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Steve Irwin's funeral the other day reminded us just how attractive - and scary - it is to get close to the animal kingdom. That's why we have zoos, to make the world of nature more approachable. But Ros Dodd reckons caging wild animals is simply beastly.

Britain is alive with the sound of yowls, growls and shrieks of non-indigenous species, according to a study published this week by Beastwatch UK. More than 10,000 sightings of exotic animals - including big cats, sharks, wild boar, wallabies and wolves - have been reported since 2000, and the annual rate is rapidly rising.

This is good news - if only because it punches a hole in the two reasons most cited as justification for keeping wild animals in zoos, which are that many species would otherwise be extinct and it's the only chance many people will have of seeing such creatures in the flesh.

Zoos have cleaned up their act a lot in recent years and the arrival of safari parks has helped to water down the public's unease with keeping large animals and birds in captivity.

The increasing popularity of ‘children's farms' has added to the ‘cuddly' perception of caged creatures.

Only last week, I took my young daughter to a children's farm in Shropshire. She had a great time, but I came away more depressed than uplifted by the wildlife experience.

Bizarrely, the farm provides loads of roaming space for the likes of goats, guinea pigs and llamas, but keeps stunningly beautiful large owls constrained in maddeningly small enclosures. The term ‘spreading your wings' was never more inappropriate - the poor birds can only perch, sleep and gaze languidly out of the netting of their ‘prison'.

When I asked a staff member at the Shropshire enterprise if the birds were ever let out of their cages, she replied, somewhat abruptly, that no, they were born in captivity. Looking at the notes attached to the cages, I saw that some of these owls live in excess of 50 years. Fifty years in an enclosure hardly big enough to swing a cat? I'm sorry, but it stinks. And it should be made illegal.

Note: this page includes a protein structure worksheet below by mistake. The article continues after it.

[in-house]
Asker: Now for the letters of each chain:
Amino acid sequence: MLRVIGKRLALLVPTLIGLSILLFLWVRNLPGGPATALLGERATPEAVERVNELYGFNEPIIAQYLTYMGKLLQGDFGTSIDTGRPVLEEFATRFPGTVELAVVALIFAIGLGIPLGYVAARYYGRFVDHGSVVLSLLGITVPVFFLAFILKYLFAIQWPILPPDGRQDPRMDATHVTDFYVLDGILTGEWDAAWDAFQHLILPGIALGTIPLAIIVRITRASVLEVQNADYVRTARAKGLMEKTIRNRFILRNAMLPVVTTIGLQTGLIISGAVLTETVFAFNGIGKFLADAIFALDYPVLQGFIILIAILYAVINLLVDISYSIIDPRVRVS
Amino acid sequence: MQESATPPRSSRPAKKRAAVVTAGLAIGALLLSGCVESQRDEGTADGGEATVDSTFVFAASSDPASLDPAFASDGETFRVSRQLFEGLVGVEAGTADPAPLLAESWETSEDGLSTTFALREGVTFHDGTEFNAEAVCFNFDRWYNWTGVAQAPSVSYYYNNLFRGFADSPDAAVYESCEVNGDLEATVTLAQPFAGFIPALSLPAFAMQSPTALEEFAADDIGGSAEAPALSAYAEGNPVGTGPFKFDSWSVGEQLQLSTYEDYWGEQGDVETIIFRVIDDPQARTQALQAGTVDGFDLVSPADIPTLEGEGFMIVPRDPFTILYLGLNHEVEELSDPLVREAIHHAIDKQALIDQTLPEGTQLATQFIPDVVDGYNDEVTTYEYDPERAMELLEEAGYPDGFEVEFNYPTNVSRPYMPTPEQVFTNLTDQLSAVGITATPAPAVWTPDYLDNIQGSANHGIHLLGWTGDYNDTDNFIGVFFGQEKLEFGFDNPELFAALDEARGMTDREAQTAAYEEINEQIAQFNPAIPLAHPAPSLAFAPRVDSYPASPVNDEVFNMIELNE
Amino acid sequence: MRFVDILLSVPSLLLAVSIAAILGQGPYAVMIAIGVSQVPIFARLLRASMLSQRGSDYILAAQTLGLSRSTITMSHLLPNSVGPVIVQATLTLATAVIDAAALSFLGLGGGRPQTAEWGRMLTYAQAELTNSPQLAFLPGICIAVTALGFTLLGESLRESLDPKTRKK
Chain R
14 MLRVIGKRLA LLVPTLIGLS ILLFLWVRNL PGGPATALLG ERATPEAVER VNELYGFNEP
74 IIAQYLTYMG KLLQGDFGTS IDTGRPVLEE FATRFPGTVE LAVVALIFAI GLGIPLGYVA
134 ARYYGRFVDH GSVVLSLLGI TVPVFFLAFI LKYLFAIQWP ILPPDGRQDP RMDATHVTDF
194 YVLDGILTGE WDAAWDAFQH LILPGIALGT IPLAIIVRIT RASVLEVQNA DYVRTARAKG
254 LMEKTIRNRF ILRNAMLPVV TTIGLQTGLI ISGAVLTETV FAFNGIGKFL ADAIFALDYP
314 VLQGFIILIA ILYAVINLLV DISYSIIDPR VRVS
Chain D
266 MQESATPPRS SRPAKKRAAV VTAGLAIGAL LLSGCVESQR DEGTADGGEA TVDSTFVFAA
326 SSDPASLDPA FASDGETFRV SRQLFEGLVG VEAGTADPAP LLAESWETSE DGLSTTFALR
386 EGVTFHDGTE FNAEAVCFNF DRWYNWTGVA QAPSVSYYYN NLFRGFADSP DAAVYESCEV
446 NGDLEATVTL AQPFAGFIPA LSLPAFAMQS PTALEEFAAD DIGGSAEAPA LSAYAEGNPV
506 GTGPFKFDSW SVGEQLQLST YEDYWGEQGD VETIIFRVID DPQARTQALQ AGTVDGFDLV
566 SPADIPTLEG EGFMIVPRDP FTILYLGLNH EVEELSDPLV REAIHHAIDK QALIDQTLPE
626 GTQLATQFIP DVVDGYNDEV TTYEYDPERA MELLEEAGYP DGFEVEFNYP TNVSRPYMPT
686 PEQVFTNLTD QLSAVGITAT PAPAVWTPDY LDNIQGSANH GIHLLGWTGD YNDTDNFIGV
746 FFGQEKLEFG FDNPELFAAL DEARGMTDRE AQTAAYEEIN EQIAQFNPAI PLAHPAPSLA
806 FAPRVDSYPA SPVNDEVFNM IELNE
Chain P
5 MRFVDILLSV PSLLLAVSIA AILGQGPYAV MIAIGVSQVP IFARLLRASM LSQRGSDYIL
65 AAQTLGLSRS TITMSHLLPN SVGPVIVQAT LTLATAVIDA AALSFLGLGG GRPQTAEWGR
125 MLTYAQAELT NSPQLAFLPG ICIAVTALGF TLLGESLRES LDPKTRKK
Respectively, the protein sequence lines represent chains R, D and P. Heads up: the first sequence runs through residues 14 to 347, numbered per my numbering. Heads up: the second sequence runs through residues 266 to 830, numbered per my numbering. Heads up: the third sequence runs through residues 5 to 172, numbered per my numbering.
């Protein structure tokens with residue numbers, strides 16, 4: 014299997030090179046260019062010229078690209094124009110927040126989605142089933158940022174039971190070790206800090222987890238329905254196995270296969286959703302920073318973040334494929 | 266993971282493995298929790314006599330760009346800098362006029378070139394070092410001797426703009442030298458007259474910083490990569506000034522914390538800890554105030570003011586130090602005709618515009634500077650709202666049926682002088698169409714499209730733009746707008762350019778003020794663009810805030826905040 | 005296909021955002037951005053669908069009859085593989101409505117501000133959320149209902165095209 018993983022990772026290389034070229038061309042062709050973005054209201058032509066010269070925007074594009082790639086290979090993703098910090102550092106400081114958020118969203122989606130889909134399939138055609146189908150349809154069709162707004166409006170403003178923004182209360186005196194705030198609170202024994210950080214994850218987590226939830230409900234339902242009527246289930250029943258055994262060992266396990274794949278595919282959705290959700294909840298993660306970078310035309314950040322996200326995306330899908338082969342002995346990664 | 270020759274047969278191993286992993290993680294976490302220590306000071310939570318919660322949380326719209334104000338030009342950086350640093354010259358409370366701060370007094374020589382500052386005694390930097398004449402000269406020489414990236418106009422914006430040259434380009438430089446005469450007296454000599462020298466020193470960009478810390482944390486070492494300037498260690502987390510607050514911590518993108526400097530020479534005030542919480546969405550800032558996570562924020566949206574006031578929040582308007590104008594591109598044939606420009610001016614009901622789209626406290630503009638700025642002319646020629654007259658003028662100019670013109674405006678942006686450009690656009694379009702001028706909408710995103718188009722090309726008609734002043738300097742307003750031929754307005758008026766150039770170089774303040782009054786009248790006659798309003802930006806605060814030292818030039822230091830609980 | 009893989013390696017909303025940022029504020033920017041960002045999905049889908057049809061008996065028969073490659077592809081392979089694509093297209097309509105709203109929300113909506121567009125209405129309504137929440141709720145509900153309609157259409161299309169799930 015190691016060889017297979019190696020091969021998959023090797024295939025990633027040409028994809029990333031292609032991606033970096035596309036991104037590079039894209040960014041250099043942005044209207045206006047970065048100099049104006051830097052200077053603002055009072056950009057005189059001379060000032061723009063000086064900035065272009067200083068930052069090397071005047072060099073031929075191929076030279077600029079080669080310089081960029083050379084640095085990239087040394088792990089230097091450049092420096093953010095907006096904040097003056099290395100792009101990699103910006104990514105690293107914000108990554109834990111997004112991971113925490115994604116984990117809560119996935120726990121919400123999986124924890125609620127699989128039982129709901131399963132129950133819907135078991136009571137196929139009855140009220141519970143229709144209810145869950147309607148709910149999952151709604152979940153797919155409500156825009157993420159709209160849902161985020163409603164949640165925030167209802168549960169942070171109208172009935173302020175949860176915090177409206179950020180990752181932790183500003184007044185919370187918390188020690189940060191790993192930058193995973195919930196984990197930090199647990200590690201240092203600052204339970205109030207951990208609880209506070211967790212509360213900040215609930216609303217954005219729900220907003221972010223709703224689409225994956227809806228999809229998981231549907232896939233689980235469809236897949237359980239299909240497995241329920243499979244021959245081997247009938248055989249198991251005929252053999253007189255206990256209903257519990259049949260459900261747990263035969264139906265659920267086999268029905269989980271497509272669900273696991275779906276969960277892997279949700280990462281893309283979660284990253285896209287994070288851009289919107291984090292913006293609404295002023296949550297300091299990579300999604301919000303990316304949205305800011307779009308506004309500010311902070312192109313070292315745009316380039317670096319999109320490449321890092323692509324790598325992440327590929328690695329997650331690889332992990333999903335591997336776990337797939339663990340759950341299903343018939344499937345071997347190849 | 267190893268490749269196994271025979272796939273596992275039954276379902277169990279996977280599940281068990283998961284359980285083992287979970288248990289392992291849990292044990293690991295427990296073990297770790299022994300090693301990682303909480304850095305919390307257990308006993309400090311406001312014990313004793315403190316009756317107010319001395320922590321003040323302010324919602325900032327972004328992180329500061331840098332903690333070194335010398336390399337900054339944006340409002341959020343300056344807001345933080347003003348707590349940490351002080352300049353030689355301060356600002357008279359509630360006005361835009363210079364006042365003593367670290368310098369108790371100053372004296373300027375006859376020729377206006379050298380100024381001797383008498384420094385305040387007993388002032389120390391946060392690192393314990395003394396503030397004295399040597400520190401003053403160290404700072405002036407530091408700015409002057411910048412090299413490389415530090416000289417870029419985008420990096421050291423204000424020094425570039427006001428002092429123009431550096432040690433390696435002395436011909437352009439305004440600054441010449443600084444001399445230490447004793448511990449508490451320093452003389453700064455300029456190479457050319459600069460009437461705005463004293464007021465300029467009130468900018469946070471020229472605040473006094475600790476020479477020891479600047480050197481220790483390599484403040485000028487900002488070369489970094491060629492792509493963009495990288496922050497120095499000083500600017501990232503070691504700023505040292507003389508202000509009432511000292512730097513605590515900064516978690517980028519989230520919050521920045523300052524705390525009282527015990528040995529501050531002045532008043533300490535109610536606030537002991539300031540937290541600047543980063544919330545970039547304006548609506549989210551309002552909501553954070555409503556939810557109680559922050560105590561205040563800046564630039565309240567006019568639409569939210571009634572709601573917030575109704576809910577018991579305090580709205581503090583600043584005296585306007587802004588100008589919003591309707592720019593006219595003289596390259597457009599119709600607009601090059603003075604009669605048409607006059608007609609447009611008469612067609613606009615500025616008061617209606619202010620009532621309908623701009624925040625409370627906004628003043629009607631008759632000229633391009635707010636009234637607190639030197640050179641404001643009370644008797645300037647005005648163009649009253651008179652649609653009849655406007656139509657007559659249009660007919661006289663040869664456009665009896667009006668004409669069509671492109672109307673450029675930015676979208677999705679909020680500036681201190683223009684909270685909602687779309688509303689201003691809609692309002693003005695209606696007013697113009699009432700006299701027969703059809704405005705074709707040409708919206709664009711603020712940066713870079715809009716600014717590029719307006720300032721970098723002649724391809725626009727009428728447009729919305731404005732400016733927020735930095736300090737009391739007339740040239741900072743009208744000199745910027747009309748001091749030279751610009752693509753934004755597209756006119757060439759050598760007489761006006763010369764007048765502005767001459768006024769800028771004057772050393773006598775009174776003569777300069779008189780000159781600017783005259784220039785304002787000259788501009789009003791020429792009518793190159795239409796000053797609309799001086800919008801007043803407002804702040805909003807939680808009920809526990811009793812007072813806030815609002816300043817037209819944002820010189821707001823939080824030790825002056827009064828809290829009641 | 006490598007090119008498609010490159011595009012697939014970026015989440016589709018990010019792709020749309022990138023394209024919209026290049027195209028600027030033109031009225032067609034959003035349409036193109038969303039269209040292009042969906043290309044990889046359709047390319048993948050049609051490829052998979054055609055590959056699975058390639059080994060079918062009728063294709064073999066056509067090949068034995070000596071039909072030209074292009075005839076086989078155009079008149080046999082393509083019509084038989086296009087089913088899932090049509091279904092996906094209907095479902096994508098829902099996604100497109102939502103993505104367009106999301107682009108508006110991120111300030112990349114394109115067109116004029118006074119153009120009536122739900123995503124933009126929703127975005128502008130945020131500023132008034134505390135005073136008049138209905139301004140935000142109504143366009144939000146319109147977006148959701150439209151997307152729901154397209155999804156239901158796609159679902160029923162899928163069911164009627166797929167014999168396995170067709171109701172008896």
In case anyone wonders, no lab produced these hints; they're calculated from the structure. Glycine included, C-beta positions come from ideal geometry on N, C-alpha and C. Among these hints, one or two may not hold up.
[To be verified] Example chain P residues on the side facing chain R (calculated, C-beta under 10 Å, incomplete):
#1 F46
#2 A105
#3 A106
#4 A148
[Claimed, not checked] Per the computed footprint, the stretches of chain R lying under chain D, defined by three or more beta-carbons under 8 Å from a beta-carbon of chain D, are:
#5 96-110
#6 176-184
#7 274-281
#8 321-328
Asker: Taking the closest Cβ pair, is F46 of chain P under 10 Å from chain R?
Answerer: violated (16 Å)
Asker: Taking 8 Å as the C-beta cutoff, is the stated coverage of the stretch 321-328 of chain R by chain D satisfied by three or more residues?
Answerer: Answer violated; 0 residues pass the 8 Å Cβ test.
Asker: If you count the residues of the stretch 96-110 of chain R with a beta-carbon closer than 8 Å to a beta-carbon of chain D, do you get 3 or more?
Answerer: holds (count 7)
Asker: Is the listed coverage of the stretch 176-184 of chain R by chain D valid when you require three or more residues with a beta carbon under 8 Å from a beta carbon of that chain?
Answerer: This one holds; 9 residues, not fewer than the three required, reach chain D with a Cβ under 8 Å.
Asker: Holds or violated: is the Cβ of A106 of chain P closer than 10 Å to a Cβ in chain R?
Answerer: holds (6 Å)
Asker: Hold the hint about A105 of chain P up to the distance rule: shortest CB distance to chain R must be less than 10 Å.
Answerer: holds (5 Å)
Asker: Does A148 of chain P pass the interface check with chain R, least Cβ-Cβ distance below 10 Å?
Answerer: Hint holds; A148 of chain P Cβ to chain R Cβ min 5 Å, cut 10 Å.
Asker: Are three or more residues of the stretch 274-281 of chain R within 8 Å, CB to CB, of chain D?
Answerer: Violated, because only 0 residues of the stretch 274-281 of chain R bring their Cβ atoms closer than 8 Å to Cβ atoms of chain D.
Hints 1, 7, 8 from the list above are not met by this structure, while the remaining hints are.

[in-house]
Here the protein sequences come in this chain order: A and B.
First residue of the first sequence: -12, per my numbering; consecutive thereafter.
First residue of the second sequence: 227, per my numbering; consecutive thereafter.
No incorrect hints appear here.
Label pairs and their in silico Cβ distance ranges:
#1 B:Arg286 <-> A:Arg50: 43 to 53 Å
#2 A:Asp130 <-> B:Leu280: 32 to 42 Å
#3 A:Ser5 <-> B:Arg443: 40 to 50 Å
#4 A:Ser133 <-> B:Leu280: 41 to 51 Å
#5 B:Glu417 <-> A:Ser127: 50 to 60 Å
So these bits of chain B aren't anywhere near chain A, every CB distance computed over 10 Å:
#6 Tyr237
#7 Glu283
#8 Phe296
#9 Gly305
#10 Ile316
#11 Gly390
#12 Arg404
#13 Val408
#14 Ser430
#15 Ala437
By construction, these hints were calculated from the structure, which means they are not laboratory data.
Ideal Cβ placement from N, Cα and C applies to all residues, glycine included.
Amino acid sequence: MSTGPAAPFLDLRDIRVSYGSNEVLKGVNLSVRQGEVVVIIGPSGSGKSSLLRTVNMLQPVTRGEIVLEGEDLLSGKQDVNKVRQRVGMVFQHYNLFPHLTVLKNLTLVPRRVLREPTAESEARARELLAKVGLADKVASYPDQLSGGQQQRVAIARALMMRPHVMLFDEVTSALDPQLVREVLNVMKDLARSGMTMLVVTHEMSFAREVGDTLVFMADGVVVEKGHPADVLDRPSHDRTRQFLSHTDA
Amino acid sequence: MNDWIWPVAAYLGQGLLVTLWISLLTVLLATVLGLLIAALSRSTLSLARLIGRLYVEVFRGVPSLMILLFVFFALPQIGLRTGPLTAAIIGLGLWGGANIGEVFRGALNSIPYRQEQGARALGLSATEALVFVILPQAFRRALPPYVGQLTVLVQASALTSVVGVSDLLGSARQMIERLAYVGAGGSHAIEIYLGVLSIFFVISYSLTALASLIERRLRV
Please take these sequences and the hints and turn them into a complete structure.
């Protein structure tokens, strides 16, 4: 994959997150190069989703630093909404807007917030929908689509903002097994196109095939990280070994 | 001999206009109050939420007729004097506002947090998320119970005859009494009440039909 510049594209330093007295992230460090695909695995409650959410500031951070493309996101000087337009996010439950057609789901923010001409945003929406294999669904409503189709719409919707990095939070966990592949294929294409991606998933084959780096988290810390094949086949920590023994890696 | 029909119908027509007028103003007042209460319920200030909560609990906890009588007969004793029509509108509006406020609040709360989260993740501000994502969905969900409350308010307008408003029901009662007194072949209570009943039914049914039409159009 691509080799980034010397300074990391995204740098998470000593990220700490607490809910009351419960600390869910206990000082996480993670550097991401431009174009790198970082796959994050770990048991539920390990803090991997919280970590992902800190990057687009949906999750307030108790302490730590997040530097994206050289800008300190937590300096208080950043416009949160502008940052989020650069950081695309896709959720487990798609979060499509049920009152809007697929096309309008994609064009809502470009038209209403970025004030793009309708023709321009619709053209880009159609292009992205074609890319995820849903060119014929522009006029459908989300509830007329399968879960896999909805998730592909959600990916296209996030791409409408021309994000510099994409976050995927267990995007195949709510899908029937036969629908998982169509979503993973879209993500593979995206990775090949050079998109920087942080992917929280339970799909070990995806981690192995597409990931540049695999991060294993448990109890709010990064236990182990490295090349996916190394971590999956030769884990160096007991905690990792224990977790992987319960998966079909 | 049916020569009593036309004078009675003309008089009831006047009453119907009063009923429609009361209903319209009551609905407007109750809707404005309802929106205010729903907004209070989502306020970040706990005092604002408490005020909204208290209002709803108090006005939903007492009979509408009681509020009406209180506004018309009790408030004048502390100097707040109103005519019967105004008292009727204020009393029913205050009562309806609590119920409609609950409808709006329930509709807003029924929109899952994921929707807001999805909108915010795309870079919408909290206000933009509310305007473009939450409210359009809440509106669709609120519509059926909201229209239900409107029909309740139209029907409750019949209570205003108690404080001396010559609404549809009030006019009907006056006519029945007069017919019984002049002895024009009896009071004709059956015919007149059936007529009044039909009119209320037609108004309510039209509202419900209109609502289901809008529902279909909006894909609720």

At the Birmingham City Council-run Nature Centre on the fringe of Cannon Hill, the approach to animal husbandry is the same: otters and red pandas have relatively huge well-planned spaces to live in, while majestically long snakes are confined to cages so small they are unable to stretch to their full length. A clutch of lynx have room to wander, but not very far, and to see them stalking around the perimeter fence tells you all you need to know about the right-ness of keeping them in cages. Two eagle owls sit perched in a no-fly zone adjacent to the home of a family of meercats), which enjoy plenty of space in which to run around, snooze under an infra-red heater and conduct their look-out duties from a variety of rocks.

What's the thinking behind all this? If two male red pandas deserve to have more space than they could possibly need (particularly when all they seem to do is sleep, curled in balls, at the top of a tree), why aren't the owls granted a hangar-like enclosure that would allow them to fly as Nature intended them to?

If zoos, children's farms and nature centres are unable - through constraints of space or lack of imagination - to provide adequate habitats for the creatures they keep, they should be banned from keeping them.

We purport to be an animal-loving nation, yet we fail so many of the creatures we claim to be protecting. If species die out in the wild through natural selection (or even humankind's destruction of wildlife havens), then so be it. I'd rather my daughter grew up knowing nothing about owls than to imagine their lives are spent cramped in a cage with no parole.

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